Most of these problems could be worked out in time though and obviously reduced with the help of a dedicated drone pilot assisting.
That's fine, except banks are highly inter connected, trust one, trust all in some cases especially when it comes to your personal data. Yeah they'll keep the numbers safe but expect your data to be handled by intermediate companies for transactions etc.
The banking system is a muddle, it's no better than government.
It'll be locked down to prevent any additional data leakage until they can clean stuff up. Chances are they aren't entirely sure how bad it is, so rather than potentially leave some endpoints exposed they pulled the plug.
He's *so* brave, such courage.
wondering why Laird doesn't just restore from a backup?
Does nobody ever physically take a backup offsite anymore!?
In this case under data protection legislation they also need the consent of customers which I doubt they have to transfer the data.
Used Oculus Rift DK1/2 and have previously owned a consumer version, got to say that I'm more interested in augmented reality than I am virtual which I think still needs a good 5-10 years to develop properly.
Augmented has far more use in business too but also for gaming. Whilst VR is great if you're gaming in a cockpit environment I find it a little hit and miss if you're character is moving in game but your not - feels odd.
That's where I think augmented reality could be a big win, if MS don't drop the ball like they usually do.
Not necessarily, depending on the notification on the site the applicant may be accepting responsibility if he/she is notified that it's an insecure transfer, in which case the ICO won't give two hoots.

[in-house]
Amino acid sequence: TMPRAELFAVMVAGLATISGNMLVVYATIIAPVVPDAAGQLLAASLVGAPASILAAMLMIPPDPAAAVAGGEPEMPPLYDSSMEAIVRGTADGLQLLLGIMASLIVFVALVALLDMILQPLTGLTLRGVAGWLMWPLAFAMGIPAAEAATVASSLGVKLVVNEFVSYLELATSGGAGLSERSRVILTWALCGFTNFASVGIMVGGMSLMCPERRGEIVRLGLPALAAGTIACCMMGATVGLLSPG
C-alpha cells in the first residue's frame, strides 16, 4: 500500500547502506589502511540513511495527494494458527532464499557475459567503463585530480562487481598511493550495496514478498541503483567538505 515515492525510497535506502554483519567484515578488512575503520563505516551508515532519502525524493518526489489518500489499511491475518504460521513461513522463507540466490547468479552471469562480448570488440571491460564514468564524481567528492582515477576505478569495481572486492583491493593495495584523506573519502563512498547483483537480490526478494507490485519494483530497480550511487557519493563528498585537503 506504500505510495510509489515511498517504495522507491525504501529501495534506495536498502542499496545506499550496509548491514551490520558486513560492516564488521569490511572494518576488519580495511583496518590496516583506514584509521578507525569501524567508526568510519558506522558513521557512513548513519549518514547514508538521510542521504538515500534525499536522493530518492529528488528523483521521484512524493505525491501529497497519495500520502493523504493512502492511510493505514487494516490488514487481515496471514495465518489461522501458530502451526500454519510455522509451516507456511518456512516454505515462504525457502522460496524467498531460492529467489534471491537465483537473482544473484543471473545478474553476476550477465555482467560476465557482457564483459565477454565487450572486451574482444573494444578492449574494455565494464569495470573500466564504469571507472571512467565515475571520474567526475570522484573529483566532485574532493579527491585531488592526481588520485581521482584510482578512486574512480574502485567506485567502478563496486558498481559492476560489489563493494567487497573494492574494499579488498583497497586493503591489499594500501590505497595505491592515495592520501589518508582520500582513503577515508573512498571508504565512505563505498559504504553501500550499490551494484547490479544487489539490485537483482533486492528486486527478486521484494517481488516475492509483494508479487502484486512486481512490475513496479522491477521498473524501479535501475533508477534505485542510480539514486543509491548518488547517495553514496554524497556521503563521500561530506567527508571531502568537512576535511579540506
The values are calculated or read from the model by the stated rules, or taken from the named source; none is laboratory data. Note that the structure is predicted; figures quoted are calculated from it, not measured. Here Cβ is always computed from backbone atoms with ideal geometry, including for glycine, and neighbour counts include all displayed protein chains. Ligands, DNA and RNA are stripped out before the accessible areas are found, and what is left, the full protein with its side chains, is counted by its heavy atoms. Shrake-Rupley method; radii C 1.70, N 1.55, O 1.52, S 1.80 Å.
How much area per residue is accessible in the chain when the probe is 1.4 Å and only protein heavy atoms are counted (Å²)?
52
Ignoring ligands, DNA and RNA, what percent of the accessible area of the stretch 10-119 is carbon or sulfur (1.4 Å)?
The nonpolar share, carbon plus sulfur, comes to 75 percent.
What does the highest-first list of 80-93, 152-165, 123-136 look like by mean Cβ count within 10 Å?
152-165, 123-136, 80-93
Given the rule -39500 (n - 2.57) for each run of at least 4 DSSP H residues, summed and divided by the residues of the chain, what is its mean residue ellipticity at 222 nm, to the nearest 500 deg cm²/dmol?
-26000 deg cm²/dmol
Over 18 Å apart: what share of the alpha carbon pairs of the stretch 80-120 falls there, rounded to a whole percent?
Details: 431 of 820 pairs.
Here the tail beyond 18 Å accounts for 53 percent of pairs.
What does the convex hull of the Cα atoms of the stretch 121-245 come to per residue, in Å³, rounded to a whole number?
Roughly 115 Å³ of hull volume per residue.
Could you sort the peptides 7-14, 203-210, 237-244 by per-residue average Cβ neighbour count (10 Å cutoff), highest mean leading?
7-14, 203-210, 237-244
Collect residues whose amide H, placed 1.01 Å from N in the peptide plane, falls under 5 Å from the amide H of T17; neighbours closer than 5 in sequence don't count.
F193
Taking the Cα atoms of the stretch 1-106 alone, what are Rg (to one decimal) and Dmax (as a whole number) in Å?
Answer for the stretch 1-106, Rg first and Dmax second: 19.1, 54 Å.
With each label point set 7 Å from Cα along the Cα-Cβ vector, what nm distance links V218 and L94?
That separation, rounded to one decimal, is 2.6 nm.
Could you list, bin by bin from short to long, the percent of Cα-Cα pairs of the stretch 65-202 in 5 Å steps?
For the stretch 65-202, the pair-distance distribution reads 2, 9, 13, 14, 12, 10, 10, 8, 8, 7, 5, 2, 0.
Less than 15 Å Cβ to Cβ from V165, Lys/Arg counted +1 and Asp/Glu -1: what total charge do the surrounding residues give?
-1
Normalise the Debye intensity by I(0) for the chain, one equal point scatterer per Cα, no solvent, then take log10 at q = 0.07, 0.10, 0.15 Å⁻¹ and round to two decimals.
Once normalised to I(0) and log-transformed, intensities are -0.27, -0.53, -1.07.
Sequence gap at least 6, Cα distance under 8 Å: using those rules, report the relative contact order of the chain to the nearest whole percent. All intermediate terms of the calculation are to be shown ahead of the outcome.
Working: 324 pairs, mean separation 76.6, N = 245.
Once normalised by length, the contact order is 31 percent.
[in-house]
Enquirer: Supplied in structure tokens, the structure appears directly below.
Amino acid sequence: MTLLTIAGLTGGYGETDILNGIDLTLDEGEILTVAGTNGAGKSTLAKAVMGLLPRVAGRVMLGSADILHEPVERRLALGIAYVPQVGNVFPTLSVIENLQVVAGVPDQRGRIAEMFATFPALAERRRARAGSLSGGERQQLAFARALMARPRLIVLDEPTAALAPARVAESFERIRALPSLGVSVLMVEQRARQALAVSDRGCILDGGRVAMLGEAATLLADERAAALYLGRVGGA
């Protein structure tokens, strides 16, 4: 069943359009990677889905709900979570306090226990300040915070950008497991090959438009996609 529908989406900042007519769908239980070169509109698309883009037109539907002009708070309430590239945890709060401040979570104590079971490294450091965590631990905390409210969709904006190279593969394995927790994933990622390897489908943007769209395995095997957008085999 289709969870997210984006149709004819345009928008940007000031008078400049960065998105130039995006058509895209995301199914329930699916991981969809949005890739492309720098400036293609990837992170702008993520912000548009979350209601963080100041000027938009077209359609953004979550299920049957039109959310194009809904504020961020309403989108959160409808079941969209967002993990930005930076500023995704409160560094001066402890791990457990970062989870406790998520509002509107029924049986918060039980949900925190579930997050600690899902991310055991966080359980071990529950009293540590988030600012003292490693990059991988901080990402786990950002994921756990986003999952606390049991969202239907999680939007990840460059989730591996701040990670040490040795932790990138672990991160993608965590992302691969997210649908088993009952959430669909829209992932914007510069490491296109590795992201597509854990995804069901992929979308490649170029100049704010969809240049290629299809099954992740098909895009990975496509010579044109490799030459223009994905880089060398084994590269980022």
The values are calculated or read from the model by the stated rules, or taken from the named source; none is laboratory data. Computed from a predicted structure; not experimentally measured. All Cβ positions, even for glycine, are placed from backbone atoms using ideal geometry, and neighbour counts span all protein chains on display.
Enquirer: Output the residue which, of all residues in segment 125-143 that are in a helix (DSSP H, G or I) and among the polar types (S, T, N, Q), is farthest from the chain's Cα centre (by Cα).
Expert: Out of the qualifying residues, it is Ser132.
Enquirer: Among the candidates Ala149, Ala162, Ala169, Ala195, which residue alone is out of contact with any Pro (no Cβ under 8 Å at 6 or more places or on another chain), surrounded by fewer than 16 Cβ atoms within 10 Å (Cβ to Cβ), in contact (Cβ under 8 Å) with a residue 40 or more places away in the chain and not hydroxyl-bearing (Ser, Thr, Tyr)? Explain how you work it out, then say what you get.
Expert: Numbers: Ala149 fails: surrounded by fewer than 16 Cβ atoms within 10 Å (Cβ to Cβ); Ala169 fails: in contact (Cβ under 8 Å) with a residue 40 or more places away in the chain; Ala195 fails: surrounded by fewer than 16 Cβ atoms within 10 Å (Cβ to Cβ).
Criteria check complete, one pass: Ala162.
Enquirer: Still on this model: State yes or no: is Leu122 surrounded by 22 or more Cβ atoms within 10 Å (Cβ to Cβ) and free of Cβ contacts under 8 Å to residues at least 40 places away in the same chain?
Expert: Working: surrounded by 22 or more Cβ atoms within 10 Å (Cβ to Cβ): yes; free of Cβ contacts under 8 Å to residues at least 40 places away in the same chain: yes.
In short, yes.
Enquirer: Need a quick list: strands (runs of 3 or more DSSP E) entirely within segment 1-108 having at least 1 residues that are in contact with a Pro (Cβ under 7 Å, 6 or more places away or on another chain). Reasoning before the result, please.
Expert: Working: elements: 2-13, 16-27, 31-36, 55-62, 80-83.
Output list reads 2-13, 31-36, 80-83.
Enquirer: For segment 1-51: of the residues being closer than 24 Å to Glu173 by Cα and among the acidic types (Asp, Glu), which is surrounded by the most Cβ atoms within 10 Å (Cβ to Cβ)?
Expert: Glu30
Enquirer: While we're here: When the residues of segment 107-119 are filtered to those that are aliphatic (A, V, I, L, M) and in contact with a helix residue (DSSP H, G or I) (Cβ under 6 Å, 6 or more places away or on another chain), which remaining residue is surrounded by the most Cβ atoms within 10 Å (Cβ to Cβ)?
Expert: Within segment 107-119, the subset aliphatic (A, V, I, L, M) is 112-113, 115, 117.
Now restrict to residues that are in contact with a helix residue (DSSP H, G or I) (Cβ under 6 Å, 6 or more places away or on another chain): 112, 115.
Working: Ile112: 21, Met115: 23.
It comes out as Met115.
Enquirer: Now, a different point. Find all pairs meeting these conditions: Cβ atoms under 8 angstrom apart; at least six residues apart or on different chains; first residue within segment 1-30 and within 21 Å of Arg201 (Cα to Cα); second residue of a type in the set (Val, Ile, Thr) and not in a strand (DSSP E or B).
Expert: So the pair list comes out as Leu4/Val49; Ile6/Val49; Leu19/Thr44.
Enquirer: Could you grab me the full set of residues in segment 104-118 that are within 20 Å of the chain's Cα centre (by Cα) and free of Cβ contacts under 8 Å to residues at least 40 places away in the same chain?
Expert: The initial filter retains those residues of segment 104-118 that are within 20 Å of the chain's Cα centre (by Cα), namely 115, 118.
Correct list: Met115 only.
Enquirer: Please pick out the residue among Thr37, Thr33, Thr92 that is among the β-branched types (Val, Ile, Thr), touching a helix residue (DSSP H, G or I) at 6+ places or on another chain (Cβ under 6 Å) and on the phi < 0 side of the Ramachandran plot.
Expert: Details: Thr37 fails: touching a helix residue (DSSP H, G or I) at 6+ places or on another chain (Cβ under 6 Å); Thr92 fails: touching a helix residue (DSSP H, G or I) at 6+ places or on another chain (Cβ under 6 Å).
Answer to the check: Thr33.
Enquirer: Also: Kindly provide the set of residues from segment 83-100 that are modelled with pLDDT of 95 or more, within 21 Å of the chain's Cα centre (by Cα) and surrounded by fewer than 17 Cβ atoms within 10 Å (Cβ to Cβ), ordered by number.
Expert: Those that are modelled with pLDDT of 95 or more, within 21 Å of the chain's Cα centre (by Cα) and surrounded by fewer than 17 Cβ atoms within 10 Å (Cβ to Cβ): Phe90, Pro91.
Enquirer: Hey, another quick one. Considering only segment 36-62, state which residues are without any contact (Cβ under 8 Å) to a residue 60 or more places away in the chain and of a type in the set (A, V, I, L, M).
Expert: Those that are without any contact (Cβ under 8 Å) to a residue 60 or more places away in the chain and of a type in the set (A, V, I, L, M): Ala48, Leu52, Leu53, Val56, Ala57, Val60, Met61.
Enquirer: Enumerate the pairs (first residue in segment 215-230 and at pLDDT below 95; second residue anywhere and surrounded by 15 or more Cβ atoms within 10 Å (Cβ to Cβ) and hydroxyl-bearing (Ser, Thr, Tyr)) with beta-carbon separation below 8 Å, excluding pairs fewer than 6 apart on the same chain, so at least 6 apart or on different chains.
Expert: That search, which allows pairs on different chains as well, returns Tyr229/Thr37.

Fanbois of any kind are a little pathetic.
I remember it as we'd just switch over to a new, crappier AV two weeks prior. Never in my life did I think I'd be glad we were using Mcafee!
Sad but all too true, doesn't matter if it's a private company or a local council, from my experience over the years they're just as bad as each other when it comes to senior management thinking it won't happen to them or wanting a more convenient (lazy) solution for them, but a different more complicated (and secure) one for everyone else.
That's standard practice, the GP has to know of any change (or not) in your condition and what's been done, they also MUST see the letter or if your GP isn't available the practice must handle it appropriately, this is established practice going back decades, it's purely to keep the practice informed so that if you need new drugs during treatment you don't get the wrong ones which interfere with treatment or have a knock on effect with drugs you were given at the hospital etc.
The biggest difference is that the practice will no longer need to store rooms full of paper, ours no longer keep any paper records, it's all electronic. Any paper that comes in is scanned, filed electronically and shredded securely each few weeks.
and crayon them onto her bewbs.